Story | 10/12/2022 06:54:37 | 5 min Read time

How Extended Producer Responsibility can increase packaging material recyclability

Asa Butcher

Editor, Spoon Agency

The choice of today’s packaging material is not only influenced by price and functionality, but also Extended Producer Responsibility. Join us as we look at what that means for you.

Initiatives and legislation to increase recycling and the recyclability of packaging materials are part of the megatrend driving the need to tackle the global waste problem. One critical policy tool in holding manufacturers accountable for their products and packaging is the Extended Producer Responsibility (EPR) scheme. 

EPR makes liable companies responsible of the environmental impacts of their packaging and products from design to end of life. The eco-modulation of EPR fees incentivise a move to easier-to-recycle materials, thereby supporting the industry-wide effort to tackle the growing amount of waste through resource efficiency. 

Let’s take a closer look at EPR and global recycling legislation with a focus on packaging. 

Regional, not global, recycling harmonisation 

“Since the first packaging waste directive was implemented in Europe in 1994 (94/62/EC), EPR has grown significantly, with legislation expanding, its scope changing and more countries becoming involved. You can now find it across Africa, Asia, North and South America, as well as in Australia, but there are individual nuances in each region, country and even in each state or province,” explains Michelle Carvell, who is COO at Lorax EPI, a UK-based firm that specialises in helping companies understand EPR reporting and its data requirements. 

According to Carvell, “Most countries use a weight-based calculation to determine how many tonnes of paper or plastic a producer has placed into the market, but the exact criteria for each market can differ and can drill down to a very granular level, which can be frustrating for businesses. For example, you must look at the size of a label in France, but in Germany, it’s how much of the packaging a label covers.” 

While an international compliance organisation working to harmonise recycling standards is unlikely, Carvell points to South America where several countries are moving to bring federal oversight to their EPR systems: “This is just going to continue to evolve around the world and there’ll be a tipping point. It’s never going to be global, but it will be regional.” 

In Europe, the Producer Responsibility Organisations (PROs) fund and manage the recycling of the market under an EPR system, as well as collect any fees from producers. Recycling and collection systems can vary on a country, state or municipal level, but regardless of how the system works in practice, the cost is passed on to the producers through PROs. “It’s up to producers to join a PRO, which will then have the legal responsibility of compliance on behalf of that company in the market,” explains Carvell, who has worked with EPR for almost 20 years.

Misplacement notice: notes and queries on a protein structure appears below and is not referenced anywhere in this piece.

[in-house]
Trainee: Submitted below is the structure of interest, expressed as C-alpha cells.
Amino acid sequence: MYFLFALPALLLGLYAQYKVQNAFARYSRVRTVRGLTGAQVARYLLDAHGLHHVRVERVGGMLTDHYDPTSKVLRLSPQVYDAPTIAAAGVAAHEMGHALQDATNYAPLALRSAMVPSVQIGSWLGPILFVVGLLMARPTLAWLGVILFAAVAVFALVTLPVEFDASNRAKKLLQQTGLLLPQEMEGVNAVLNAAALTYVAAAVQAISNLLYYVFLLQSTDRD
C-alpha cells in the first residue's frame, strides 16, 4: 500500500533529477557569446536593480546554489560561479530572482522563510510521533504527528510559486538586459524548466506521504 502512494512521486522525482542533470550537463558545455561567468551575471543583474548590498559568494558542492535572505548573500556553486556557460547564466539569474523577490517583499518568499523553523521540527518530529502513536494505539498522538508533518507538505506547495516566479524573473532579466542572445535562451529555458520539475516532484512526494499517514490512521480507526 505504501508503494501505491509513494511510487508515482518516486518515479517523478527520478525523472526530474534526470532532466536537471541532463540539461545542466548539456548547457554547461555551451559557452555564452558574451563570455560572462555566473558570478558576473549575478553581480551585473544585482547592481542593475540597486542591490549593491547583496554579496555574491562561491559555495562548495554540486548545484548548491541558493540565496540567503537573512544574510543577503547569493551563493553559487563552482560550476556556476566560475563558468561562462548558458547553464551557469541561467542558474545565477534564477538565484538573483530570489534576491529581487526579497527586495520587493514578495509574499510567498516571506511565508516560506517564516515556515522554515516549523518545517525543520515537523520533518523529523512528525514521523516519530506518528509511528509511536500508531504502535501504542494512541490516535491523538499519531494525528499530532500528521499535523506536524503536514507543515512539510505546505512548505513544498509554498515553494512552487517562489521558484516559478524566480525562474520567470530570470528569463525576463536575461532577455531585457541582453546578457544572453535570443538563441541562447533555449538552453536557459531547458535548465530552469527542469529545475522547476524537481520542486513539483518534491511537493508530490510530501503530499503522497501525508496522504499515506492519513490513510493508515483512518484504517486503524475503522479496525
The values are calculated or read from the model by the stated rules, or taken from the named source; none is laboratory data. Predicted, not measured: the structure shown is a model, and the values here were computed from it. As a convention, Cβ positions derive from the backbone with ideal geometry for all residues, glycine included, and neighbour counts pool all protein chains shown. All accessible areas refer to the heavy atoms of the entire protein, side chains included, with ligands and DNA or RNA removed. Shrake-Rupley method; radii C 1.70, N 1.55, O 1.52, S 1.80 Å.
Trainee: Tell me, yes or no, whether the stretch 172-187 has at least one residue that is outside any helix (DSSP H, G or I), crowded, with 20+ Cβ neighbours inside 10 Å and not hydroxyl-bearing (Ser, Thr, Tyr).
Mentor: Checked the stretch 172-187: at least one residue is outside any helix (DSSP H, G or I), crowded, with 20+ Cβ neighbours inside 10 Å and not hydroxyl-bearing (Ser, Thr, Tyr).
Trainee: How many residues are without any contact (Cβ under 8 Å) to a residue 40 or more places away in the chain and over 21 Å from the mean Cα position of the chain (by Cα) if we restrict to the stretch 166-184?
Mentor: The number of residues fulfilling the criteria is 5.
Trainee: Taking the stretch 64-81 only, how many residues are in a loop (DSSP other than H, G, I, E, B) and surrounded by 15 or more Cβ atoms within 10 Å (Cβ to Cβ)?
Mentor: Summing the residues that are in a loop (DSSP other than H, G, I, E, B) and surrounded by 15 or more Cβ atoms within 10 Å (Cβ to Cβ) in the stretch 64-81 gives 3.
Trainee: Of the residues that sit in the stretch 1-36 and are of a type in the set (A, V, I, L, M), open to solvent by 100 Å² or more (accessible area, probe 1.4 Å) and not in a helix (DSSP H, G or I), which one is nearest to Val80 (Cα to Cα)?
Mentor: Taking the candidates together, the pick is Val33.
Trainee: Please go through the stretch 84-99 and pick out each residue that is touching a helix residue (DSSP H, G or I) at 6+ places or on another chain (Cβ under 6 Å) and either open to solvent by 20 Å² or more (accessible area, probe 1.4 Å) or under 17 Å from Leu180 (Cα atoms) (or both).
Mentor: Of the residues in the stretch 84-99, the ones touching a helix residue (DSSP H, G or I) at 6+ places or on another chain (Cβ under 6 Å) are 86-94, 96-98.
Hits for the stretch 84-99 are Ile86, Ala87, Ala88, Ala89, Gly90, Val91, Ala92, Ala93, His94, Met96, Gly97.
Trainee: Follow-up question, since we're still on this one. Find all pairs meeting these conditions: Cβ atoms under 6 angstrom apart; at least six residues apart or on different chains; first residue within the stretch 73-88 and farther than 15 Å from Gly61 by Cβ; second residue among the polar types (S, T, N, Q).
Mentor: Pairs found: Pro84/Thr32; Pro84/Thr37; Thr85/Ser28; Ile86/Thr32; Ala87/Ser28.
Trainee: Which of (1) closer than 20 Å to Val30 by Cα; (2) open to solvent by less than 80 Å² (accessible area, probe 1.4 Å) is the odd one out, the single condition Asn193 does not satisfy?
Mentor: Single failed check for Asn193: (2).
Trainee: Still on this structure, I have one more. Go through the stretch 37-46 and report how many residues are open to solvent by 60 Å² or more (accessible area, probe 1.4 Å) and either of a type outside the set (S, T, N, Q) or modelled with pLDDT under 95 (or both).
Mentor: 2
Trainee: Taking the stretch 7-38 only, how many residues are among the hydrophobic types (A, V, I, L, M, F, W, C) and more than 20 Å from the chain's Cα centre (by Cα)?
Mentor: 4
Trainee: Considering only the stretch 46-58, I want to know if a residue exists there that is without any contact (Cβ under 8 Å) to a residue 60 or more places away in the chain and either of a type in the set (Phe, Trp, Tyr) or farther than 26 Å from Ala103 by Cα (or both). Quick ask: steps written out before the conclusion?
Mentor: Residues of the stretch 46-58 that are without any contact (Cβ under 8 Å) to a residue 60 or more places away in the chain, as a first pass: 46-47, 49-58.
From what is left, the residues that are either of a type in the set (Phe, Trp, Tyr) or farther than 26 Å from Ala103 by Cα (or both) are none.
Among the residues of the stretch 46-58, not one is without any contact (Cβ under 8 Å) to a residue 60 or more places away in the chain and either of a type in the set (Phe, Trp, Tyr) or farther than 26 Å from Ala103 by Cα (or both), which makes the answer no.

Michelle Carvell, COO at Lorax EPI and Susanna Hyrkäs, Sustainability Manager at UPM Specialty Papers.

How to minimise EPR fees for packaging?  

Eco-modulation, which is the EPR buzzword of the moment, means that materials with complex non-separable components have the highest requirements for recycling and the highest fees. “For instance, brand owners are incentivised to choose materials that are easy to recycle and therefore have lower recycling fees, such as paper and board,” begins Susanna Hyrkäs, Sustainability Manager, UPM Specialty Papers. 

Globally, paper is one of the most recycled materials and one of the easiest to recycle due to the extensive infrastructure available for collecting and processing, making the EPR fees for paper lower than those for many other materials. “Starting from July 2022 in Italy, the EPR fee for flexible packaging with a paper component greater than or equal to 80 percent is 5€/tonne, while it can be even 560€/tonne for flexible plastic packaging depending on the type of structure or materials utilised for the packaging,” she adds, noting that, for example, Sweden, France and Belgium also have lower EPR fees for paper products. 

UPM Specialty Papers follows packaging regulation trends and its interest is in the requirements for different types of packaging in terms of recycling. In the EU, each country has developed its recycling system to respond to its own needs. Depending on the infrastructure and the material second life options available, the recyclability of same material might vary across countries. “Our priority is to help brand owners develop packages that deliver on performance but are also sustainable and avoid unnecessary costs in the value chain downstream,” notes Hyrkäs. 

Fuelling systemic change 

The EU, which is at the forefront of recycling and waste management, is hoping to soon bring harmonisation across the bloc with a review of its Packaging and Packaging Waste Directive, expected to be issued in November 2022. 

Hyrkäs says that there are differences across the EU in the maturity of recycling legislation and the eco-modulation of recycling fees, which is why from the material producer’s point of view it is important to take steps to harmonise the requirements of different recycling streams.  

EPR schemes have the potential to fuel systemic change toward a circular economy. At its best, it can bring both environmental benefits in supporting circular economy, as well as cost-effectiveness for the whole product value chain. UPM Specialty Papers supports all customers to minimise their EPR-related material costs. 


Read more about extended producer responsibility and UPM’s role here and on UPM expectations for Packaging and Packaging Waste Directive review here. 

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